Rich Crocco

Agile Methodology; a Popular Alternative in Project Management

ScrumSmallLabelled

Anyone who has participated in a professional project at their workplace can identify with some basic principles of one of the traditional software development project management styles, the ‘Waterfall.’ In this type of environment the requirements (or customer needs) of a project are permanently fixed at the outset along with the resources necessary to satisfy those requirements. The team performs several steps in succession along the path of the waterfall towards project completion. The major steps normally include: design, code, integration, test and deployment. Once these steps are completed, the final product is revealed to the customer. Although the waterfall method is generally considered to be a software development tool, it has uses for any type of project where a team is attempting to develop and deliver a product to a customer. This can be a new product or changes to an existing product.

One common complaint of the waterfall method arises when projects take months or even years to complete. Once the project is complete and the product is revealed, how do we know the product is what the customer envisioned? What if (during let’s say a hypothetical two year project) there have been other new technologies developed that would have changed and/or expanded the scope of the project had that been an option? After all, Moore’s Law tells us this is almost certain to happen in long term tech related projects.

The Agile methodology claims to be a solution to this problem. One of the key principles of Agile is the following, “Our highest priority is to satisfy the customer through early and continuous delivery of valuable software.” This is the first of twelve principles written in the Agile Manifesto (written in 2001 by a group of software developers and available at agilemanifesto.org).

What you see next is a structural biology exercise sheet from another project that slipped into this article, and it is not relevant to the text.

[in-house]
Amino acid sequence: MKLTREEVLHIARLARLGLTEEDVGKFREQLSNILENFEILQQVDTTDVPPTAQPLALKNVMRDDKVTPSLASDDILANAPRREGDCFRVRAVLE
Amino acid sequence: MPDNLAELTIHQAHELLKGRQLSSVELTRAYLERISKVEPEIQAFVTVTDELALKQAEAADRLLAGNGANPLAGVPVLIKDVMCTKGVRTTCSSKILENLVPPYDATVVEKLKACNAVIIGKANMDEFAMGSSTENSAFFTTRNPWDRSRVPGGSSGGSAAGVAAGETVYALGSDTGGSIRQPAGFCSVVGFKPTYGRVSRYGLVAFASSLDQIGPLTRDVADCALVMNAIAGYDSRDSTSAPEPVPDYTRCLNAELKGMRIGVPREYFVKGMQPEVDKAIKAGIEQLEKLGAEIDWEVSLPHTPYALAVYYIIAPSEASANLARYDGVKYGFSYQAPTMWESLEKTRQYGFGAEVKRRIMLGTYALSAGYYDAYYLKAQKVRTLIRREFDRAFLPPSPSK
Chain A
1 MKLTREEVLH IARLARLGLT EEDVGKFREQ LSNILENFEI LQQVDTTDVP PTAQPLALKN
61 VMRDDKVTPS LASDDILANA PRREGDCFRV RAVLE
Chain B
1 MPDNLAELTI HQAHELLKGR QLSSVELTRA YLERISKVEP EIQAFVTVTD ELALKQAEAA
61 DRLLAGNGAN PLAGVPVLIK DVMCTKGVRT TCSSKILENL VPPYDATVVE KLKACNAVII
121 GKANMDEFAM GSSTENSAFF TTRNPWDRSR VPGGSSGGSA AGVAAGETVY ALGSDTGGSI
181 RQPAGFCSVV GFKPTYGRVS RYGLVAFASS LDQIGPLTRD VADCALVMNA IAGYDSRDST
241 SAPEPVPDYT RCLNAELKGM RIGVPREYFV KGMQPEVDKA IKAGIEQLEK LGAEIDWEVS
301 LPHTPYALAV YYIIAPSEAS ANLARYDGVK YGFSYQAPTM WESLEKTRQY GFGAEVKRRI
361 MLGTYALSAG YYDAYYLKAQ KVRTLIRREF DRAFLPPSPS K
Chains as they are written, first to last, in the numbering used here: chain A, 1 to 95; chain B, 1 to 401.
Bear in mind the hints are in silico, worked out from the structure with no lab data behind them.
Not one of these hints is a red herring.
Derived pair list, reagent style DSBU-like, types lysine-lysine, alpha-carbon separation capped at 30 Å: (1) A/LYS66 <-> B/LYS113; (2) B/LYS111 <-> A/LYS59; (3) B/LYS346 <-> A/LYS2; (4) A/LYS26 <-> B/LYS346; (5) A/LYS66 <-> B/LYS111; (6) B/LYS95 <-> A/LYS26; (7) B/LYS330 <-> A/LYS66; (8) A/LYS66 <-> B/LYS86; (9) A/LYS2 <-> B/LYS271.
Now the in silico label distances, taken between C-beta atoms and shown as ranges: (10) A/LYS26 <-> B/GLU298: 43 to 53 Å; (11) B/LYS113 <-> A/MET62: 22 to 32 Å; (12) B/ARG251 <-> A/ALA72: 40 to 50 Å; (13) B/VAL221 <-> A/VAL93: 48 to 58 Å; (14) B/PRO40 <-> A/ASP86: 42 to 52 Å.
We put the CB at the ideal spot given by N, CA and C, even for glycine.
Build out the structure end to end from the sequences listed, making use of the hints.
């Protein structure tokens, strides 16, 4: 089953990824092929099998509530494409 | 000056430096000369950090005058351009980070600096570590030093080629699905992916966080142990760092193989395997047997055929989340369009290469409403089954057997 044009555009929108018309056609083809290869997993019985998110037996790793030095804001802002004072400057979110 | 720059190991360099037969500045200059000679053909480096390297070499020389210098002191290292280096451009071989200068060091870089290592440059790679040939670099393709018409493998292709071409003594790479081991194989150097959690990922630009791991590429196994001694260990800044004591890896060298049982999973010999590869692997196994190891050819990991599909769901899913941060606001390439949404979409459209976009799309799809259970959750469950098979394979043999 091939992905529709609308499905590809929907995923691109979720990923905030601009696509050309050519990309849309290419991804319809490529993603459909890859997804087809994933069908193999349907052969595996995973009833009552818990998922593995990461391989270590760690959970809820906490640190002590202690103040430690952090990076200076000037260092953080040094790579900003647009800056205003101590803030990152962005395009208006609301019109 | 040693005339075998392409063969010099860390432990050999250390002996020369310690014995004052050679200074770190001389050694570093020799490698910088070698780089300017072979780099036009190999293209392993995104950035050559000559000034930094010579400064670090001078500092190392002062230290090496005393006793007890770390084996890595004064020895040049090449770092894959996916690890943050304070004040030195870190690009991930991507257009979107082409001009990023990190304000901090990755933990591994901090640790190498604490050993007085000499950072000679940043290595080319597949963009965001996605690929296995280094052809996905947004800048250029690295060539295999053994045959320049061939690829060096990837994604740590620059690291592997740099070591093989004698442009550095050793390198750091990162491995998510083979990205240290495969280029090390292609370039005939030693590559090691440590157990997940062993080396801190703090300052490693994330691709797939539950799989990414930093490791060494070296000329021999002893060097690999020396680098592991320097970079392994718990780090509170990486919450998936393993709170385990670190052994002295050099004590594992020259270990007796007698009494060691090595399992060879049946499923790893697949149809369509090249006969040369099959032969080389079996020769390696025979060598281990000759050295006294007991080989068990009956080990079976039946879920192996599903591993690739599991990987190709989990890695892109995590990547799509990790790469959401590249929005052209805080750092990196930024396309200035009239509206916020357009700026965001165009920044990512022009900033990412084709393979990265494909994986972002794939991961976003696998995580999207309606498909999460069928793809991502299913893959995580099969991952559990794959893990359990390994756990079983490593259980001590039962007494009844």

The main difference here is that with Agile the team produces workable pieces of the project or “increments” on a routine basis, usually every two weeks. These workable products must be testable and commented on by end-users. With this methodology, the project participants can receive routine feedback as to what works with the product and what doesn’t work. For example, if the product in question was a new mobile app, using the traditional project management system one can envision the customer illustrating everything they would want from the app (i.e. the design, the features, security, analytics, etc.) to the development team. Then, six months later the customer receives a final product. Now the product may be just what the customer envisioned, however what if the customer changes their mind about a certain module once they see the final product ‘in the flesh?’ What if a new mobile app technology is introduced during the six month development period that would have been a great fit for this product?

With the Agile system there are basically mini waterfalls taking place within each increment or ‘sprint.’ Using the mobile app example, instead of building the mobile app and delivering it to the customer, the Agile team might deliver the basic design as one increment. Next would be feature #1, then feature #2, then security. You get the idea. During each increment the development team remains nimble enough to change course based on new information from the customer or the industry at large.

Try to envision how Agile would work within your industry. How about changing from one type of accounting software to another, or automating a legacy process? Do you think Agile would add value to these types of projects? Do you think the waterfall process has value?

Please leave me your comments.

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